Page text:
THE AFFAIR: a story of unbridled passion for Mexican Islamic cuisine
The past few weeks I have been troubled. The question I keep asking myself is if our Mexican restaurant should stay open or if I ought to start looking for a job. I don’t know what the future holds for me. I suppose nobody really does.
I feel bummed by the uncertainty and that it’s prompting me to give up on my dream. We were starting to become a major player in the food and beverage service industry.
Opening an authentic Islamic inspired Mexican restaurant hasn’t been an easy dream to realize. I suppose no dream really is. If the controversial publicity we received is anything to go by, I have definitely taken a stand for self-expression and my passion to serve Mexican Islamic cuisine in America with honest humor and thought-provoking respect.
I won’t go down without a fight. I can’t. I owe it to everything and everyone that inspired me, a Kenyan Muslim of Indian descent cum USA immigrant to start an Islamic influenced Mexican restaurant in the first place.
I ate my first Tex-Mex Burrito in 1975 in Santa Monica, California. A big, fat flour tortilla wrap stuffed with ground refried beans, lettuce, tomatoes and red salsa smothering. The fire of spice and delight kissed my eager tongue and ignited my tummy in a way no chicken biryani ever had. I fell in love. I couldn’t figure out why. I suppose we don’t always figure out why. I was nine years when the aromatic affair began. I knew magic was cooking.
My father, a young, slick and handsome tennis player had just passed away. He had a penicillin allergy and that’s exactly what the doctors used to treat his condition. We inherited his daring zest for adventure and taste for foods of the world.
My mother, a ferociously independent women, a smoker and whisky lover whose style, sex appeal and unanticipated directness made everyone around her uncomfortable, decided she would take me, her youngest child, to Santa Monica. As a single, un-intimidated mother of five children, she taught me to always do things my way, to consider the other and to always live free.
The spicy fire of my first love stayed with me. When I migrated to the USA in 1992, seventeen years later, while I couldn’t get enough of Tex-Mex, I sought the authentic Mexican experience too. My belly swelled into a hot air balloon sized ‘panzon,’ feeding on fajita skillets, tortilla chips, mole, posole and guacamole. I didn’t care. My mouth danced in ecstasy with every bite.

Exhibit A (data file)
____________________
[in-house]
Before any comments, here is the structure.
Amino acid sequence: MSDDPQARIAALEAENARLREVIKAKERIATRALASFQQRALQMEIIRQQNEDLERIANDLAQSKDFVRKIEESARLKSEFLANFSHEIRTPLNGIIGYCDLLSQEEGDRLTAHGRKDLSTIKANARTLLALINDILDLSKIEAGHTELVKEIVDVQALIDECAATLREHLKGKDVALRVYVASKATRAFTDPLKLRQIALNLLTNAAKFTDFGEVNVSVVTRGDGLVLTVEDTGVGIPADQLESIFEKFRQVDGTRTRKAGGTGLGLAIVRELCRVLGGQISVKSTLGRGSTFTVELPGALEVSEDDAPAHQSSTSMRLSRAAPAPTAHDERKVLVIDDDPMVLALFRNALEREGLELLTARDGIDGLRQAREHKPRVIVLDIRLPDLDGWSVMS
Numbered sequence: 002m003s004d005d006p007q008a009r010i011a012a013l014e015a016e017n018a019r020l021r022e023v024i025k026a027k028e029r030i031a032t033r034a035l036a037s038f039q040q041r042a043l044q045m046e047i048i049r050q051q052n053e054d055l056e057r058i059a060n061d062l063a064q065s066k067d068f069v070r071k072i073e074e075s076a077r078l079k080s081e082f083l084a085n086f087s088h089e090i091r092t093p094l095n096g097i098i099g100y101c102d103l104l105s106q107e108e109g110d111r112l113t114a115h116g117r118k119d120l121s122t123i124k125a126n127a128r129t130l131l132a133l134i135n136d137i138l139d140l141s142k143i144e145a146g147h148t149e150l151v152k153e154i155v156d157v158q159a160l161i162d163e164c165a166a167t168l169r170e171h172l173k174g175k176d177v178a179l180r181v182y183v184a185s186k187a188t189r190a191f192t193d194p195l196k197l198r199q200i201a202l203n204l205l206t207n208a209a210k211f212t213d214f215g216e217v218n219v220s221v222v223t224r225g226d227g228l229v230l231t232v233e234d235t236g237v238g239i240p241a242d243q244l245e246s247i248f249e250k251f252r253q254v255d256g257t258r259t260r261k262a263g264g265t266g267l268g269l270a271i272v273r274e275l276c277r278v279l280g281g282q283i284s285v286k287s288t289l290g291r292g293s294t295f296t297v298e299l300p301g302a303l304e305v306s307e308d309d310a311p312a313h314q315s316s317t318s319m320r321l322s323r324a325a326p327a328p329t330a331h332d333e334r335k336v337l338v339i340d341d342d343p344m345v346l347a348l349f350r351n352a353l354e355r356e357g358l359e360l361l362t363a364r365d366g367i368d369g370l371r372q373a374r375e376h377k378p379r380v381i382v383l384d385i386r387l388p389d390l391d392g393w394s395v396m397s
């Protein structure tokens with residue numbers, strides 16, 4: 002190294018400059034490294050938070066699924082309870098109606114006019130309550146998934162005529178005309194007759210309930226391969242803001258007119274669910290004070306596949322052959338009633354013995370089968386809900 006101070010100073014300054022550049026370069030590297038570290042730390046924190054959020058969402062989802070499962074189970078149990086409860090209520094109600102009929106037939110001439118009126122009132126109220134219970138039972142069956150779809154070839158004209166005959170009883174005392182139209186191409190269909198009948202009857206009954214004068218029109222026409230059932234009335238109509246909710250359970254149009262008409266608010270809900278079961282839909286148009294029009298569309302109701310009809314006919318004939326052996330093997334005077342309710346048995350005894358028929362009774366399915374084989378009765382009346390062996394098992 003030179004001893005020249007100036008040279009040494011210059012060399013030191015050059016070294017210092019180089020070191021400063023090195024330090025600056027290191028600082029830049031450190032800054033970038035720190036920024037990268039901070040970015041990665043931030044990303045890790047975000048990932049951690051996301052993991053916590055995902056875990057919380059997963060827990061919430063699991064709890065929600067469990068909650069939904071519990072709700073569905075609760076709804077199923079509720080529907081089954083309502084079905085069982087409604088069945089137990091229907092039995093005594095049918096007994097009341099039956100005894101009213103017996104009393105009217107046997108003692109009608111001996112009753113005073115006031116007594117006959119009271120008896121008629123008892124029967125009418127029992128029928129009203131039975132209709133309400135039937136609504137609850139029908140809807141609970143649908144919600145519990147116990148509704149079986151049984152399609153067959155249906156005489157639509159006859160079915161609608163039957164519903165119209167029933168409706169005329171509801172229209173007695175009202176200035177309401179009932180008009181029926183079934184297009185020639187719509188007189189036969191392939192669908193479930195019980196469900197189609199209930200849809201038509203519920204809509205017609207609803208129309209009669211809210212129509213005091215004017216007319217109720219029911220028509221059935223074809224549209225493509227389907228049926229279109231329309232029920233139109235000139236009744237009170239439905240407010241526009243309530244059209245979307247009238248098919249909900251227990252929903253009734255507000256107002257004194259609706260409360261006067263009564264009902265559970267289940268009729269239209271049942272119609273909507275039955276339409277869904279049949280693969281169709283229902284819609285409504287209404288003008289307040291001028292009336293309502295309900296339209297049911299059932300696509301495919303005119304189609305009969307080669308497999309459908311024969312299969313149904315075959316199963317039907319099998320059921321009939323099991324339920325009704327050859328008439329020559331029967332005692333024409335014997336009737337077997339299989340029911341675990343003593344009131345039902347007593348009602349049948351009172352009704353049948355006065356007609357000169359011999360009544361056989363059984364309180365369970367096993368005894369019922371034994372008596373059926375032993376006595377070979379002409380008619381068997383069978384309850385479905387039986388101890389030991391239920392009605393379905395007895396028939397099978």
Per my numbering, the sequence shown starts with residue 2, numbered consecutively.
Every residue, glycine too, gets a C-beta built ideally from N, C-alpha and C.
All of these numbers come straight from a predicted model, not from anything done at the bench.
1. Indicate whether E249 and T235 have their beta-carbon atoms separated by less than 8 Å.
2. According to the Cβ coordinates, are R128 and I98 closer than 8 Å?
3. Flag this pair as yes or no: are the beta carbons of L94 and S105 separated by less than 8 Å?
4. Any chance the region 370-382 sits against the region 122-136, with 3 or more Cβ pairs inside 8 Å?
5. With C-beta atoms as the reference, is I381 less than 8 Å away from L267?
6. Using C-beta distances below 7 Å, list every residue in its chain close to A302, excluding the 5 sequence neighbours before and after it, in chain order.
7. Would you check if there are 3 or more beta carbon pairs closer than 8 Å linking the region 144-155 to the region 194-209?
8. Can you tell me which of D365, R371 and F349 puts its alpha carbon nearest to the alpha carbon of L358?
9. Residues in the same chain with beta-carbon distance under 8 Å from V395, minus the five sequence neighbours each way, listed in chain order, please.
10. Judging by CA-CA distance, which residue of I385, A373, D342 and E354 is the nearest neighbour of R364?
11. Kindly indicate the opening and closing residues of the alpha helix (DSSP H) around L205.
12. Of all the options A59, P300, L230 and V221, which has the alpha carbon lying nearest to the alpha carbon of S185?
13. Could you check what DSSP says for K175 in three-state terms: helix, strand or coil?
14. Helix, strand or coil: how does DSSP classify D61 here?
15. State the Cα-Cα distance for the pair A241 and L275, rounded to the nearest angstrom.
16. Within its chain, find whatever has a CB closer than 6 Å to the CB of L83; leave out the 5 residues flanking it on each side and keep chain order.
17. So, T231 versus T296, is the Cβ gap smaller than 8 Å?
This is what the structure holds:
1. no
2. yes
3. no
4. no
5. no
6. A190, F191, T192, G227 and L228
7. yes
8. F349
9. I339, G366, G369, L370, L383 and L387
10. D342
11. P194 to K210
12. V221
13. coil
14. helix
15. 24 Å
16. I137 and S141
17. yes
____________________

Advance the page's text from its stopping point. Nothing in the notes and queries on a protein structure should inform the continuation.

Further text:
In 2014, twenty-two years later, my mind caught up with my mouth and I transitioned my incessant dietary trance with Mexican food into an intellectual pursuit.
I heard a mind-awakening presentation in Alburquerque, New Mexico on Islamic influence in the Americas and met afterwards with the Director of the Hispanic Cultural Centre.
I understood then that the foundation of post-Aztec Mexican cuisine (which Fernando Cortés ‘introduced’ to the now Mexico City) is the aromatic Persian Islamic culinary tradition that had been influencing Spain.
At that point, the comestible jigsaw puzzle of my life formed a clear picture of identity and purpose; a Muslim man of Kenyan Indian descent, a now citizen of the USA, falls in love with Mexican cuisine and opens a Mexican Islamic restaurant to honor his appreciation of cultural heritage and integration.
Perhaps this mix of identity and purpose is the only certainty I will ever have about my dream. Perhaps the only certainty I will ever need.
I don’t know what the future holds for me. I suppose nobody really does. What I can commit to is authentic food and beverage service the Mexican- Islamic way.